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RE: [Hammock Camping] Re: Hammock End

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  • David Chinell
    I use several models of drawstring hammocks, including the Nomad Tropical Hammock, Hammock Bliss Hammock, Mosquito Hammock, and Crazy Creek Crib. I notice
    Message 1 of 7 , Jul 3, 2004
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      I use several models of "drawstring" hammocks, including the Nomad Tropical
      Hammock, Hammock Bliss Hammock, Mosquito Hammock, and Crazy Creek Crib.

      I notice that most of these, with the exception of the Crazy Creek and the
      Mosquito use either nothing or supple fabric to reinforce the casing (hem)
      that the hanging ropes pass through. On these, the sides are a bit loose.

      The Crazy Creek uses a heavy leather-like material to reinforce the outer
      inch and a half of the casing. This makes the drawstrings pull the sides
      much tighter than the body. On the Mosquito Hammock, there are at least
      three layers of fabric in the casing, which lends some stiffness to the
      entire casing, and I notice the same tendency to tighten the sides of the
      hammock.

      In short, I think the structure of the casing and reinforcement material, or
      lack of reinforcement material, determines whether or not a drawstring
      hammock will have tight or loose edges.

      I much prefer the looser edges, as these take the worst beating when I get
      in or out. I actually destroyed a Crazy Creek hammock at the reinforcing
      patch in completely mild (back yard) conditions. So I don't think rigid
      reinforcements are a good idea.

      Bear
    • halconsfire
      I have the same style hammock and my sides are tight. I also have a bugnet with a zipper I made with the same principle in mind. my hammock is 36 wide so I
      Message 2 of 7 , Jul 3, 2004
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        I have the same style hammock and my sides are tight. I also have a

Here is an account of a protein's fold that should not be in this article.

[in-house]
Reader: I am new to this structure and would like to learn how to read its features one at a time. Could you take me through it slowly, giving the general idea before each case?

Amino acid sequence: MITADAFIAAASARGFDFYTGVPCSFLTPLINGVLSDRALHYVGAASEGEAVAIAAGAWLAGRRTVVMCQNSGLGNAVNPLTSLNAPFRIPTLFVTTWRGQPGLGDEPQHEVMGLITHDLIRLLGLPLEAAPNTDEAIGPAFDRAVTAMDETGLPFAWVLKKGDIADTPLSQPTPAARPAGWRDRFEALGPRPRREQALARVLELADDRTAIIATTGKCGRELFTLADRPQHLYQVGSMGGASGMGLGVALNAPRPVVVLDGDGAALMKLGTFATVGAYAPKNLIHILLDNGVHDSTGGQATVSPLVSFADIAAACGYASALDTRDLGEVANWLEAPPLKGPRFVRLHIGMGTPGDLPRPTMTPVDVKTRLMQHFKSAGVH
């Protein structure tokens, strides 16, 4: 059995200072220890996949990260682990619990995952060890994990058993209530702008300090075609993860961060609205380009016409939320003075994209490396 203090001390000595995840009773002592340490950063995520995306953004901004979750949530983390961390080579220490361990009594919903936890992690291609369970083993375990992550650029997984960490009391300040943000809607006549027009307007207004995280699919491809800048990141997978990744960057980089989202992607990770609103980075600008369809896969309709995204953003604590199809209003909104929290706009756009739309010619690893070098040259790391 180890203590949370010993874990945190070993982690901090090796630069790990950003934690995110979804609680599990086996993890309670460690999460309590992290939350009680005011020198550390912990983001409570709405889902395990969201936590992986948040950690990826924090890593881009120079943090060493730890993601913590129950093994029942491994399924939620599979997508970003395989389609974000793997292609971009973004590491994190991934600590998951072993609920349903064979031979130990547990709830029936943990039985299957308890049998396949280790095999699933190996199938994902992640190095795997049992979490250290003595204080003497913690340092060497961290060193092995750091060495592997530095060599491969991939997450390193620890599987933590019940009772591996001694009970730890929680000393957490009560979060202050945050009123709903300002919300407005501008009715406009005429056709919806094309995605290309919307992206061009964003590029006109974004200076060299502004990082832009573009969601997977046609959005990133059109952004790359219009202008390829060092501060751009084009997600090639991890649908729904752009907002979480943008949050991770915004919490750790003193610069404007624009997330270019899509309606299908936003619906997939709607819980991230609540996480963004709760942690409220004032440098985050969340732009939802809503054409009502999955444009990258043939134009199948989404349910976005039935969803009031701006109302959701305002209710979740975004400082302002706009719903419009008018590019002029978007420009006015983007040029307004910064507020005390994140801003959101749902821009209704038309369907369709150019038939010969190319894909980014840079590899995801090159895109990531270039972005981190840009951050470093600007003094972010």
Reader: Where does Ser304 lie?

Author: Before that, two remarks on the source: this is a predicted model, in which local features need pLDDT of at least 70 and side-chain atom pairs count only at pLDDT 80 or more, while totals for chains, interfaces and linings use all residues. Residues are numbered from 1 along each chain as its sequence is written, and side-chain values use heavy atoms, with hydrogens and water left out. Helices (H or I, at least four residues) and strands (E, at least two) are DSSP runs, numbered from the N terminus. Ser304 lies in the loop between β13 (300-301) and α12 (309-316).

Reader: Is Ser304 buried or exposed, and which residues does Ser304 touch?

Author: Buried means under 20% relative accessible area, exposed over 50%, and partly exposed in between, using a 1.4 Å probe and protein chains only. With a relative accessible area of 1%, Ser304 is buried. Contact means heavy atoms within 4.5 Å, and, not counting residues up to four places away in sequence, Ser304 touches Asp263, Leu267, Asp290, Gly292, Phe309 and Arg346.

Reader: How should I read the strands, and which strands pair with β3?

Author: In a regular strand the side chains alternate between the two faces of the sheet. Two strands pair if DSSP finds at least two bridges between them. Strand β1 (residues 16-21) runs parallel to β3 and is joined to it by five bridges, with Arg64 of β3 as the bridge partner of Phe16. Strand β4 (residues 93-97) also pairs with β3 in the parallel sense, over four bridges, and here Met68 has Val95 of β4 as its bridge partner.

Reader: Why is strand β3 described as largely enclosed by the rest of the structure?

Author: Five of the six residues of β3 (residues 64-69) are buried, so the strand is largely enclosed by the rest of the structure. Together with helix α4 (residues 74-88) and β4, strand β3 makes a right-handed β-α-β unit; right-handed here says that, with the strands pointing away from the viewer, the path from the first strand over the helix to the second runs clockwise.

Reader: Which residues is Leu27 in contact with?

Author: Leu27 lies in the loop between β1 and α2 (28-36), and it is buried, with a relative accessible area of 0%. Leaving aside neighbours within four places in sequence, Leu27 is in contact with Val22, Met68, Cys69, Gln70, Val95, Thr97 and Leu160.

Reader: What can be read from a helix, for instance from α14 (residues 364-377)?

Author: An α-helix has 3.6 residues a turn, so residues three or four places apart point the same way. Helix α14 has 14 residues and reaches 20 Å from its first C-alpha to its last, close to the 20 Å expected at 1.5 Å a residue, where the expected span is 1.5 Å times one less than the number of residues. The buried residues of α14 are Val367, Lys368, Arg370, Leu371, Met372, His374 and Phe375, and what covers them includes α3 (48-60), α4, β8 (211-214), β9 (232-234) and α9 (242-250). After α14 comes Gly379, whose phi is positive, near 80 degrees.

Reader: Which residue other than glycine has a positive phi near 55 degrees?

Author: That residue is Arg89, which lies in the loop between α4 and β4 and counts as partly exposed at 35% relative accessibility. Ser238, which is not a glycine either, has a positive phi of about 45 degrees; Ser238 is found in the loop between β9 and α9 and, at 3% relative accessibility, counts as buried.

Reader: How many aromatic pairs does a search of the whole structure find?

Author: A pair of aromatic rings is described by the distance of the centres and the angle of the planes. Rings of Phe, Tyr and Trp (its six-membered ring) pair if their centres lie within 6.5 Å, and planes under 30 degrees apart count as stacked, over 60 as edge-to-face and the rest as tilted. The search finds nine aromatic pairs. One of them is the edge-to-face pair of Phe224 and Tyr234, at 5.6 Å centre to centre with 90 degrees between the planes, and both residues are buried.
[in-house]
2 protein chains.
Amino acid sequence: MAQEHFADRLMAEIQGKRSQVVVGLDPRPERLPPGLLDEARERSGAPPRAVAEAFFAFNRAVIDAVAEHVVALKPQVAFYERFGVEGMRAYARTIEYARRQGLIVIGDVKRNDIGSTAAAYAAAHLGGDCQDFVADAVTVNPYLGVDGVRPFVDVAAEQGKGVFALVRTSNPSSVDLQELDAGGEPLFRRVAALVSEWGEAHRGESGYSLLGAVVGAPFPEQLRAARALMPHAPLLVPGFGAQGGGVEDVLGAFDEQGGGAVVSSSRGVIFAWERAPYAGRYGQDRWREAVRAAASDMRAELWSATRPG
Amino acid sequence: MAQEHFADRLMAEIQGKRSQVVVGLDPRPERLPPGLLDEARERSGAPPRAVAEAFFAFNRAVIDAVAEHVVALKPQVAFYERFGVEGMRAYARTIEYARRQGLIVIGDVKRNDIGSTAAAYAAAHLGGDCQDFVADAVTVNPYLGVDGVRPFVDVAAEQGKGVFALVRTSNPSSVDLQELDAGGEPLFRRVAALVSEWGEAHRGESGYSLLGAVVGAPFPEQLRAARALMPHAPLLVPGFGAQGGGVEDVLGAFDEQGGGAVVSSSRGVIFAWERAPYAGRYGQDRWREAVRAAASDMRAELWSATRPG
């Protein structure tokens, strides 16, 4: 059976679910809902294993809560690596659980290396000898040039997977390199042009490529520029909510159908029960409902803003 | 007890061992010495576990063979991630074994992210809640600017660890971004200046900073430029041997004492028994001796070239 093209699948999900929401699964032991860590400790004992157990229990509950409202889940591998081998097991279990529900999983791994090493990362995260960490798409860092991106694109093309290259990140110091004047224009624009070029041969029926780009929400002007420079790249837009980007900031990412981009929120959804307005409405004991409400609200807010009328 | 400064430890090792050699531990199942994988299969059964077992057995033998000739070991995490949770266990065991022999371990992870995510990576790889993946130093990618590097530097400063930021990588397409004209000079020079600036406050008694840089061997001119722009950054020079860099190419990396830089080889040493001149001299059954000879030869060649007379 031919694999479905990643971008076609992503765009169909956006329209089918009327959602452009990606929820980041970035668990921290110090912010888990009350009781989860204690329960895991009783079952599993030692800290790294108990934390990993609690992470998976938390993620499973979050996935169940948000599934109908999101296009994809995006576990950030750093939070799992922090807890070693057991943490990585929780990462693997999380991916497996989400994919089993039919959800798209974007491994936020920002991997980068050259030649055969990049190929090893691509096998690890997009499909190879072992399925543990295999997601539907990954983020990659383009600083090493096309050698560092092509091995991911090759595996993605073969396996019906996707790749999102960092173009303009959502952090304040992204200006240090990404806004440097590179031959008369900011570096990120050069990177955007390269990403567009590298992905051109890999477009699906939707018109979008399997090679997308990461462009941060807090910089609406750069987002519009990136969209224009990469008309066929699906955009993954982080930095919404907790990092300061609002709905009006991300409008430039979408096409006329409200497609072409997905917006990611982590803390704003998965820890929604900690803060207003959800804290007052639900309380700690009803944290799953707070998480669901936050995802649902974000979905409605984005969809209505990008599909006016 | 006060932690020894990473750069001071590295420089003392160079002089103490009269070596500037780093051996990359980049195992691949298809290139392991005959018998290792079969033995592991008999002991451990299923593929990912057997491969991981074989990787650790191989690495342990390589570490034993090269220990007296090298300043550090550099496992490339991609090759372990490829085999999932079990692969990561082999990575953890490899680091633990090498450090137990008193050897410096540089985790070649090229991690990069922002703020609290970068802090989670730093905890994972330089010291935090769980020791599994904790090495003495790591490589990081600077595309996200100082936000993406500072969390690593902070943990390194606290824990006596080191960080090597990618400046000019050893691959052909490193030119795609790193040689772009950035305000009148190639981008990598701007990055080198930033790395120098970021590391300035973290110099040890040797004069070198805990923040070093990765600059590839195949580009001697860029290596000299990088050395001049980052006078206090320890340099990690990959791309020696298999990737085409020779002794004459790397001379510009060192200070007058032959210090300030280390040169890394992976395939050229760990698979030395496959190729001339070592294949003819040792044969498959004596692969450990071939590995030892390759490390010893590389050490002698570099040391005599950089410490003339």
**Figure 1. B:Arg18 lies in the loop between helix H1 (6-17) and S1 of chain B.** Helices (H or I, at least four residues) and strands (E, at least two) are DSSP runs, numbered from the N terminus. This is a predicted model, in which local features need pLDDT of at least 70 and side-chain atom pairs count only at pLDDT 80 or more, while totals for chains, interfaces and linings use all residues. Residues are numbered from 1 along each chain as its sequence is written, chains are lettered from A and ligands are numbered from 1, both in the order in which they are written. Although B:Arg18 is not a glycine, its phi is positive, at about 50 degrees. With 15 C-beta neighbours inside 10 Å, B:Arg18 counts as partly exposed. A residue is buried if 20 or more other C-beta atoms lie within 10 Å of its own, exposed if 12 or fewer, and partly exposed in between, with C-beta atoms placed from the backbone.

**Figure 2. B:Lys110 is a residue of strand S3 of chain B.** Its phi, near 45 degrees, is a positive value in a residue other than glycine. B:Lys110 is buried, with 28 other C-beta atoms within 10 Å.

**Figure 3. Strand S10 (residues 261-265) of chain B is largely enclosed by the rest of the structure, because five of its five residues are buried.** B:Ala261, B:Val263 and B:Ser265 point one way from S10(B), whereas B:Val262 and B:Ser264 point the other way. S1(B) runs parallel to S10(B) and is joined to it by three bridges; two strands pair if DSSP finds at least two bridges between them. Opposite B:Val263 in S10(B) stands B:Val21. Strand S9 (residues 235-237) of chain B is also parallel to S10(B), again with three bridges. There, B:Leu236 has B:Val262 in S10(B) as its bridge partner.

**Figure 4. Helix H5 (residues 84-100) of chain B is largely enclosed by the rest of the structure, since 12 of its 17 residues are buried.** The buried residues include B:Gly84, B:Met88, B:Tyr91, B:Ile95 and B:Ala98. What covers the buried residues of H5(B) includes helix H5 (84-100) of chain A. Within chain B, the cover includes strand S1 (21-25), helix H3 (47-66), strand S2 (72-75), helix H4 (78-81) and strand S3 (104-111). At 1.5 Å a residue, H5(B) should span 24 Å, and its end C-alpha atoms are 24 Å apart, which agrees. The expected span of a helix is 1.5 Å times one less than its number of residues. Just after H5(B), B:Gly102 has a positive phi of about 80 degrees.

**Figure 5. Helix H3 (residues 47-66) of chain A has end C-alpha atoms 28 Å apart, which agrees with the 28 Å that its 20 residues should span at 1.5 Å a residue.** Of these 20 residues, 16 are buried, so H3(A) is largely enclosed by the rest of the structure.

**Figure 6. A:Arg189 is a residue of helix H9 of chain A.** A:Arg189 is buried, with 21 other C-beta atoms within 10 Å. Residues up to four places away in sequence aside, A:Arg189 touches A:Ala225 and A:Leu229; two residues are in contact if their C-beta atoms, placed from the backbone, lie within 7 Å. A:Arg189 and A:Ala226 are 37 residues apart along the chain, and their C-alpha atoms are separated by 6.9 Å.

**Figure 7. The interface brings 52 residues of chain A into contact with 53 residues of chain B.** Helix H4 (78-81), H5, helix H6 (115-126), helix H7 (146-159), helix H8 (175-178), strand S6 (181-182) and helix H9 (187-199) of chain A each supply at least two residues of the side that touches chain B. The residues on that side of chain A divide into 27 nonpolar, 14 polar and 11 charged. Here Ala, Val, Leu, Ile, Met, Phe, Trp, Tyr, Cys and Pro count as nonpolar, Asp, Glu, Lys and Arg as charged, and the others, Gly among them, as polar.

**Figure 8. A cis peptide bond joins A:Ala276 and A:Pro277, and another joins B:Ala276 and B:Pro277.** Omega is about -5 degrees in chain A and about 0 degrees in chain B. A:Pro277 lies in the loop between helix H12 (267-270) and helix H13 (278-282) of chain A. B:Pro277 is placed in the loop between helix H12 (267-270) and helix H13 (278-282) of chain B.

bugnet with a zipper I made with the same principle in mind.

        my hammock is 36" wide so I took some stretchy mesh fabric and made
        it 48" wide and the 5" longer than the hammock. I did the draw string
        thing to the ends and stitched a zipper down the entire length of the
        mesh. the bugnet goes around the entire hammock and zips up the ends
        are drawn tight because of the line that runs through the 2" hems on
        the ends. it looks and works great.

        Halcon
      • Mirage
        ... sides of my ... line ... I did not mean to imply the sides were floppy , but not optimally tensioned for my preferences when using my home made under/over
        Message 3 of 7 , Jul 6, 2004
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          --- In hammockcamping@yahoogroups.com, Matthew Takeda <takeda@s...>
          wrote:
          > Mirage wrote:
          > >Doug, I have made two hammocks this way and here is what I found:
          > >1. The hammock sides do not hang "right" for camping purposes, too
          > >loose and floppy.
          >
          > This is interesting. It is the opposite of my experience. The
          sides of my
          > hammocks are not floppy at all. In fact, because of the way the
          line
          > curves, the sides are significantly tighter than the middle.

          I did not mean to imply the sides were "floppy", but not optimally
          tensioned for my preferences when using my home made under/over
          quilt (similar in function to Ed Speers PeaPod).

          I have several made with the "line-thru-the-hem" method, and like
          them very much. They are much more comfortable (to me)
          for "lounging" in. They also work OK with underquilts that do not
          wrap around the entire hammock.

          Just my personal observations and preferences.

          >
          > >2. With the "line-thru-the-hem" method, the line is semi-
          perminately
          > >attached. I don't like that. I like to have my lines/straps
          easily
          > >removable.
          >
          > I guess I just don't understand what you're doing. My hem makes a
          fabric
          > tube. I fit it to a piece of plastic tubing to prevent chafe
          between the
          > hanging line and the fabric, but even if I didn't, the line would
          easily
          > slip in and out. How are you fastening the line on that makes it
          > "semi-permanently attached?"
          >

          I guess what I was trying to say was that the way I have done this,
          I end up with a bunch of hammock hem gathered at the end, with a
          rope running thru the hem. I usually then tie a knot or make a loop
          out of the ropejust big enough to tie another rope/strap to for
          hanging. This method ends up with a loop whose flat lenght
          (circumference) is less than the width of the hammock end. If I
          were to pull it out in the field, re-threading it would be a pain.

          I'm sure there are other ways of doing it that I've not tried or
          thought of that would be less troublesome to work with.

          Hike your own hike; Hang your own hammock ;)

          Shane "Mirage"...
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